Brendan Clarke-Smith grilled on National Insurance increase

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GB News’ Colin Brazier questioned Bassetlaw MP Brendan Clarke-Smith that it seemed “a coincidence” the tax required to plug the National Insurance hole was the same as the 0.5 percent of GDP Foreign Aid budget as he asked what Britons must think handing out cash to other countries when they themselves need it.

Mr Brazier said: “It looks like a coincidence: 12 billion for Foreign Aid, 12 billion is the tax hole, the tax that will be generated by this 1.25 percent increase in National Insurance…

“I have a feeling in your constituency… many of your constituents will say why are we spending all this money on foreign aid when we are still increasing taxes?”

Mr Clarke-Smith acknowledged that is likely the view of a number of his constituents as he noted Britain is “still one of the most generous countries in the world” with its aid budget.

He added that was still the case even with the cut last year which saw the Foreign Aid budget cut to 0.5 percent of Gross National Income, down from 0.7 percent.

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But he stressed how there are people in his constituency who would want to see the UK foreign aid budget cut all together and put down to “zero” of the UK’s GDP. 

But the Conservative noted: “At the same time, if you asked those same people do you think its right that we help people where we can… 

“You look at what we have done with AstraZeneca and the vaccines… people are all for that and doing the right thing in the world.”

He stressed however that people want to see their taxes spent “in the right places” adding that if you are cranking up peoples cost of living through National Insurance, “you need to justify that.”

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Mr Clarke-Smith acknowledged the Government broke a manifesto pledge in making Britons pay for National Insurance saying it was “a very difficult decision” but stressed it was important given the circumstances of the pandemic.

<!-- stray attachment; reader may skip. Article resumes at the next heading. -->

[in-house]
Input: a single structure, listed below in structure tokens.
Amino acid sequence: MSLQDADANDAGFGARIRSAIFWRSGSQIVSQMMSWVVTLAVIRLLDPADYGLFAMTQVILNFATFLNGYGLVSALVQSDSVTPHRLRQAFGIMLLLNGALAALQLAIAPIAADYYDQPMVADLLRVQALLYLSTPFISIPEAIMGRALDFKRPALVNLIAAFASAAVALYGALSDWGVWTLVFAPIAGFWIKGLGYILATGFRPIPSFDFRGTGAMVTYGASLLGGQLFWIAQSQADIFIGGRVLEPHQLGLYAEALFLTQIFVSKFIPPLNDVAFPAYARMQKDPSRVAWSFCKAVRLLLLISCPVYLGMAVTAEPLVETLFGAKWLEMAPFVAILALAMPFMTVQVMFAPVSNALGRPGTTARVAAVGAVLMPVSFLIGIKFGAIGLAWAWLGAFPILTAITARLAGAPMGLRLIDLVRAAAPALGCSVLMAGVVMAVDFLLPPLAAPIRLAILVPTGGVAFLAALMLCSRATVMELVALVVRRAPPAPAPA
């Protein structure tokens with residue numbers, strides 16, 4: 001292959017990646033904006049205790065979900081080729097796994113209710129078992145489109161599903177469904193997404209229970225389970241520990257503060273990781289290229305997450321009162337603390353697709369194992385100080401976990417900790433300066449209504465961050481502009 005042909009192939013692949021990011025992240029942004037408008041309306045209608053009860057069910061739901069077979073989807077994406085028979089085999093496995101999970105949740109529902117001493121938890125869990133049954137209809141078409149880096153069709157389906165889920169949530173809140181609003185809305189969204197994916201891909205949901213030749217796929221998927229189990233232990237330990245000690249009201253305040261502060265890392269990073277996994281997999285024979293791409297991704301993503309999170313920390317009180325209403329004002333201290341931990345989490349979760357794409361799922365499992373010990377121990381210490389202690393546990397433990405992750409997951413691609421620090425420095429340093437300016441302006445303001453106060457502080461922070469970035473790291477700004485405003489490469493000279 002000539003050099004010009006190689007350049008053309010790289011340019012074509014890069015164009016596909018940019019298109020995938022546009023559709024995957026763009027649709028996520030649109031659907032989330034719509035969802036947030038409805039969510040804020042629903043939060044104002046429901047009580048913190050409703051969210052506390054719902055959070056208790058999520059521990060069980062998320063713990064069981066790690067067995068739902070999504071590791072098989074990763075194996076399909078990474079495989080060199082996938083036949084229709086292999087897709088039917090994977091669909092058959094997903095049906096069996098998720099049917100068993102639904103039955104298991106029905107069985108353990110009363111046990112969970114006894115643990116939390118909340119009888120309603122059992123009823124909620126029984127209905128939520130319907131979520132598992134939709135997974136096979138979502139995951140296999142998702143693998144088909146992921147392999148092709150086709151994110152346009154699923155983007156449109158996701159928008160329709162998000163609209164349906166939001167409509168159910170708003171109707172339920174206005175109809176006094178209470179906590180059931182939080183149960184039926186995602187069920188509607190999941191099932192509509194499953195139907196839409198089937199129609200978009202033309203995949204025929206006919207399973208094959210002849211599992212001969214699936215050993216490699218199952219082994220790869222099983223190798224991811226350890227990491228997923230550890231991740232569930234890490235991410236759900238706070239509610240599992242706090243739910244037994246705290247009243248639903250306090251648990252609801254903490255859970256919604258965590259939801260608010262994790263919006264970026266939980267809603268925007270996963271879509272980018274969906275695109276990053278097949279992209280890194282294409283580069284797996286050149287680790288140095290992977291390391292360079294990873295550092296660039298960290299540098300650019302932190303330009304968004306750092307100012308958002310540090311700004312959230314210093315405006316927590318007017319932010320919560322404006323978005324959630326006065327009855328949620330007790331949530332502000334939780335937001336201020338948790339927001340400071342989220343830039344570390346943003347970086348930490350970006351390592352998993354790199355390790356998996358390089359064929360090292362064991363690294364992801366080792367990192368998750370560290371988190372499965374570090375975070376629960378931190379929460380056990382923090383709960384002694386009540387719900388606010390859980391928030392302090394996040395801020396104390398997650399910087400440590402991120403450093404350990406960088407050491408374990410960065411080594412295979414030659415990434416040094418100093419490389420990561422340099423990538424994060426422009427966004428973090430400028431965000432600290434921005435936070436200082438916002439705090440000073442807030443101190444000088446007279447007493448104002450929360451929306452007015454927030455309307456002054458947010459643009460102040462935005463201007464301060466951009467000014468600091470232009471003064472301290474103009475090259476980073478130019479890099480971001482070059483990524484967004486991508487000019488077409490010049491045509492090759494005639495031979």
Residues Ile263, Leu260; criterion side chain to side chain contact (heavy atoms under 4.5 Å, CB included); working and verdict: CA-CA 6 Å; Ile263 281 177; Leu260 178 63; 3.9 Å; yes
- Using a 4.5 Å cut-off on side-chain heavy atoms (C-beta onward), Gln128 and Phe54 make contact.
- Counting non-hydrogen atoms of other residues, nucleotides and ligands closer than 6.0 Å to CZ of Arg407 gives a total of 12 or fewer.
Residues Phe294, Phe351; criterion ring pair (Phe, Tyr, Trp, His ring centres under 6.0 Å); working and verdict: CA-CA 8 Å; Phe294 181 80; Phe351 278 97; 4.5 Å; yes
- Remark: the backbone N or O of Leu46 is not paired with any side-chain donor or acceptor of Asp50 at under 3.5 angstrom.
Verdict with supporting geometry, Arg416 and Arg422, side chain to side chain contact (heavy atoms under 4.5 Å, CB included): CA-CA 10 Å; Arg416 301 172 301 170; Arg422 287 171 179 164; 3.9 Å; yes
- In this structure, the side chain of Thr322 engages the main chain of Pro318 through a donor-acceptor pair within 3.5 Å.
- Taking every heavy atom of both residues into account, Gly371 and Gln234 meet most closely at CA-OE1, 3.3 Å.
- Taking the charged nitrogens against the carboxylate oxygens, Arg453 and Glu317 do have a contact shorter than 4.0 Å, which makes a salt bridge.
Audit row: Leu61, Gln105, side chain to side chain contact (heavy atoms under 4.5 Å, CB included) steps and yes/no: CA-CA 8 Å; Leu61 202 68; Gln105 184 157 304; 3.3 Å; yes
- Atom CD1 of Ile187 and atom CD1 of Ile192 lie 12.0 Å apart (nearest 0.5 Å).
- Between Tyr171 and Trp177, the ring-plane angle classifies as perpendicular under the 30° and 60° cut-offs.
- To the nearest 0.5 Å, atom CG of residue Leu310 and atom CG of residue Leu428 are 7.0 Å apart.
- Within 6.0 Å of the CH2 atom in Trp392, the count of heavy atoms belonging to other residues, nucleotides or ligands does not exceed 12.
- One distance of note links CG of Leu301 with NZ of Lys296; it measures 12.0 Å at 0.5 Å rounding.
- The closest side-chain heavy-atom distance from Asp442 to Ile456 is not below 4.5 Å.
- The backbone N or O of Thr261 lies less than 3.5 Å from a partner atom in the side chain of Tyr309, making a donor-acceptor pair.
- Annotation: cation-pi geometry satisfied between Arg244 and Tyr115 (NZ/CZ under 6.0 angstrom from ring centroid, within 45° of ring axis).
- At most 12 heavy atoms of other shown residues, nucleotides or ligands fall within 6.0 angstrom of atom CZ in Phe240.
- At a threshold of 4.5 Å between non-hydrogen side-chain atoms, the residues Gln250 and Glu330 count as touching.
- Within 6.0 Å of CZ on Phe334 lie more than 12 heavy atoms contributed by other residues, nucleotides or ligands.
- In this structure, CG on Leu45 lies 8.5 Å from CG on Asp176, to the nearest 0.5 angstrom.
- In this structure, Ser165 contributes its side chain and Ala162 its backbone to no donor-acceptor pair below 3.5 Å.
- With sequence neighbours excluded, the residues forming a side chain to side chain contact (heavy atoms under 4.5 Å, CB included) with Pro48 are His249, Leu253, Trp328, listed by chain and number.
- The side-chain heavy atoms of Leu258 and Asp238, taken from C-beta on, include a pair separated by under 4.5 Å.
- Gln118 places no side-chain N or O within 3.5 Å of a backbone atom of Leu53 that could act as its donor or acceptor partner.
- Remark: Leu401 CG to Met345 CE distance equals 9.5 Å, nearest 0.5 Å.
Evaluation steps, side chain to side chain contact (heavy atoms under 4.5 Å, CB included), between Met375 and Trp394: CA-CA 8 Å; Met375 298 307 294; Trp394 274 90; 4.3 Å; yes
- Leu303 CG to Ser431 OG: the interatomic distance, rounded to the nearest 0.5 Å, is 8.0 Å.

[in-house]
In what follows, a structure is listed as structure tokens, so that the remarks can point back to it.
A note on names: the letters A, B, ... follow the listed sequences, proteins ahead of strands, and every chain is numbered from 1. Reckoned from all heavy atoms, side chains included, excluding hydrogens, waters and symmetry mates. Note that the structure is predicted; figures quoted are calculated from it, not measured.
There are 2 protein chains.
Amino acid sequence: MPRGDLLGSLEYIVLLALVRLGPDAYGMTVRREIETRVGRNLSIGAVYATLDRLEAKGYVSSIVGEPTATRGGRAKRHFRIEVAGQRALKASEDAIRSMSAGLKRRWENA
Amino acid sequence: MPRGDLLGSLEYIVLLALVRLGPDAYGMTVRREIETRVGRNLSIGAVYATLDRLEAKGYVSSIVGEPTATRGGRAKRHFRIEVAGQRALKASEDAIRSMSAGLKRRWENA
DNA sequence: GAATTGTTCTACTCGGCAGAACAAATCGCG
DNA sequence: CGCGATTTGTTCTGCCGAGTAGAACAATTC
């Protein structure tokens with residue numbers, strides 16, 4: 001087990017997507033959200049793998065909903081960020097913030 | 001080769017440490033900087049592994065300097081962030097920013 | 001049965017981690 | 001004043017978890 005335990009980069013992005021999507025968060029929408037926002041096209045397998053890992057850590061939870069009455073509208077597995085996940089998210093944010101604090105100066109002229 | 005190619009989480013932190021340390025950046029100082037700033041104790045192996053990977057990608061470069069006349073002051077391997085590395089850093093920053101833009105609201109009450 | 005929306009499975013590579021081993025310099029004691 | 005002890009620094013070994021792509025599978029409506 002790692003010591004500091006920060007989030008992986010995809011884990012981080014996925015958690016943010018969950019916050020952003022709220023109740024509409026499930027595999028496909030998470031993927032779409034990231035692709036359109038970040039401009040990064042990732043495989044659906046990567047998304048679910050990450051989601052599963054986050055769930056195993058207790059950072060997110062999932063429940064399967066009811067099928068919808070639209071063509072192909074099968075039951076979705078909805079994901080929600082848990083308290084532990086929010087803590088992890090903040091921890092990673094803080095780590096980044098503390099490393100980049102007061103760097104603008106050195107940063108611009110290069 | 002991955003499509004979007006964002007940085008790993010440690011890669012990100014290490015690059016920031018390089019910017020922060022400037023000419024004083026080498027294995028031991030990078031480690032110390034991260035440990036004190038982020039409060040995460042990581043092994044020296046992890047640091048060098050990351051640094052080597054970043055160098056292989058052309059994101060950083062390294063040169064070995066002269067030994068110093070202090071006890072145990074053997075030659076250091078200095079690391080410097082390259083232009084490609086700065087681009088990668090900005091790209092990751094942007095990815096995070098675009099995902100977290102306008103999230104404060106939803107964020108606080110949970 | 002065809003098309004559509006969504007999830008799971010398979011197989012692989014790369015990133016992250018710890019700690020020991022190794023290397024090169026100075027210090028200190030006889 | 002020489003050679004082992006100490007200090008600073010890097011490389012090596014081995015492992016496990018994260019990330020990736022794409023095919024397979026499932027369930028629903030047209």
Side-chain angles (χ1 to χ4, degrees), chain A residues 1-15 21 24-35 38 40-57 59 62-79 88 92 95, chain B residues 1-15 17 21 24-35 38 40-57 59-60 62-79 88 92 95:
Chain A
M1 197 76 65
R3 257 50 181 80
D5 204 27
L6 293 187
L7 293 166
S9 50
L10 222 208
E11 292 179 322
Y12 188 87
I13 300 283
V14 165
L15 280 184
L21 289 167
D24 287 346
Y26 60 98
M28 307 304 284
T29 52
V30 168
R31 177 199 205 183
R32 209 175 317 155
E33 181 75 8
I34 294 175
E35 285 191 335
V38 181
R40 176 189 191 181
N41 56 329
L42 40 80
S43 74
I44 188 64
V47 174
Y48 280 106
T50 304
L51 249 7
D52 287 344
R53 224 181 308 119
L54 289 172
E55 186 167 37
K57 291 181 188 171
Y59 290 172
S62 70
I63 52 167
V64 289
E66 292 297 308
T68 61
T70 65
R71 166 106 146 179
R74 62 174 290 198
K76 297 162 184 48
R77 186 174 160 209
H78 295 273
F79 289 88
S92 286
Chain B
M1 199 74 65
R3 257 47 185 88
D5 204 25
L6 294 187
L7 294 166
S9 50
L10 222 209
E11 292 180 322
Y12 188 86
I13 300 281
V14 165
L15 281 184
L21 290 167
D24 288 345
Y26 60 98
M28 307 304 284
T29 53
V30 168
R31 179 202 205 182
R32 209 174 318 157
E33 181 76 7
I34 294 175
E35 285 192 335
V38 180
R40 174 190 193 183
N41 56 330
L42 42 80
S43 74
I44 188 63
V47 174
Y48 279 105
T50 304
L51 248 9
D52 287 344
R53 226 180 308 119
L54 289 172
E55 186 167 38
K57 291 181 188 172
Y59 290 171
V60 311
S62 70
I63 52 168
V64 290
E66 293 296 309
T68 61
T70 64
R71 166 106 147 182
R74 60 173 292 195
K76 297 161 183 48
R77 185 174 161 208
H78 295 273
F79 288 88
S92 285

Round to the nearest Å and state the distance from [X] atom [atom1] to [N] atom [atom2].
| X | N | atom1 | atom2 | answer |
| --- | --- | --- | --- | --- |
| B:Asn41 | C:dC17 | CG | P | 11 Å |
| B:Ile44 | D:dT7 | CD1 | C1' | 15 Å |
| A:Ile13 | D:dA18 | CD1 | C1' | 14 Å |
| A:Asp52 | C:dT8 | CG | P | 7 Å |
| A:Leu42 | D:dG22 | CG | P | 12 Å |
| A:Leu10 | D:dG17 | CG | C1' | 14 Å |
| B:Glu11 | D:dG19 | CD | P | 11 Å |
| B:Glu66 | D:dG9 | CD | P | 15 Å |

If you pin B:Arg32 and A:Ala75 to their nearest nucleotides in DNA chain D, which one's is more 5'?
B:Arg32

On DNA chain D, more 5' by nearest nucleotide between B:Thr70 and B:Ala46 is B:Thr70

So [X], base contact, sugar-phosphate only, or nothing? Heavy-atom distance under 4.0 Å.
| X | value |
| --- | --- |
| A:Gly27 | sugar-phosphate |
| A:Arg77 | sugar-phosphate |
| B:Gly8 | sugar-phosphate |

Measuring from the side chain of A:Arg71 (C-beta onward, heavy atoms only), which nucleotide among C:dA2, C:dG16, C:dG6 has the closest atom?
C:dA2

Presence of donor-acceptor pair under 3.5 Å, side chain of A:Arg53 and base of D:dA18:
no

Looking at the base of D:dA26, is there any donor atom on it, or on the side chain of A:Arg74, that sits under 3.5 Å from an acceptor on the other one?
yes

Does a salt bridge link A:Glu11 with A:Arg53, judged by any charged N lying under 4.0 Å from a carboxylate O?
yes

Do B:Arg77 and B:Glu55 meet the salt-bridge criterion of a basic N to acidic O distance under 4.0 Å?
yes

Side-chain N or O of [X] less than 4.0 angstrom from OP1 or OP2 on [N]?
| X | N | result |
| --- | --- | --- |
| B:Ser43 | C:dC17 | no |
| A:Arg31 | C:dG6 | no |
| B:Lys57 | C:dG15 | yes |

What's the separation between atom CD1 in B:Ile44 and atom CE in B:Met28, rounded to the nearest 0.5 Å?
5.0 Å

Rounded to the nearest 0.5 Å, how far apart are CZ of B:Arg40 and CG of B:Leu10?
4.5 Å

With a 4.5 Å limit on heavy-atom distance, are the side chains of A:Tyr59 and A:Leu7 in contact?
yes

The Conservative explained: “People can’t see a doctor, we need to clear the NHS backlog and we do need to sort out social care. Unfortunately it is a tough decision that has had to be made.”

The foreign aid budget cut, announced in April 2021 includes allocations of £1.3 billion to address the pandemic and support global health resilience.

While £0.9 billion of Overseas Development Allocations (ODA) has gone to humanitarian preparedness and responses.

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The budget to China was cut by 95 percent to £900,000, to be spent on human rights initiatives.

This year the Foreign Office is earmarked to spend £8.1 billion in ODA, 80 percent of the U.K.’s total aid budget. Around half of this money will go towards programs in Africa, with a “major shift” to East Africa.

Dominic Raab, the Foreign Secretary at the time, said this is because Britain identifies “a national strategic interest” in the region.

Chancellor Rishi Sunak has vowed to return Foreign Aid spending to 0.7 percent by the end of 2024.

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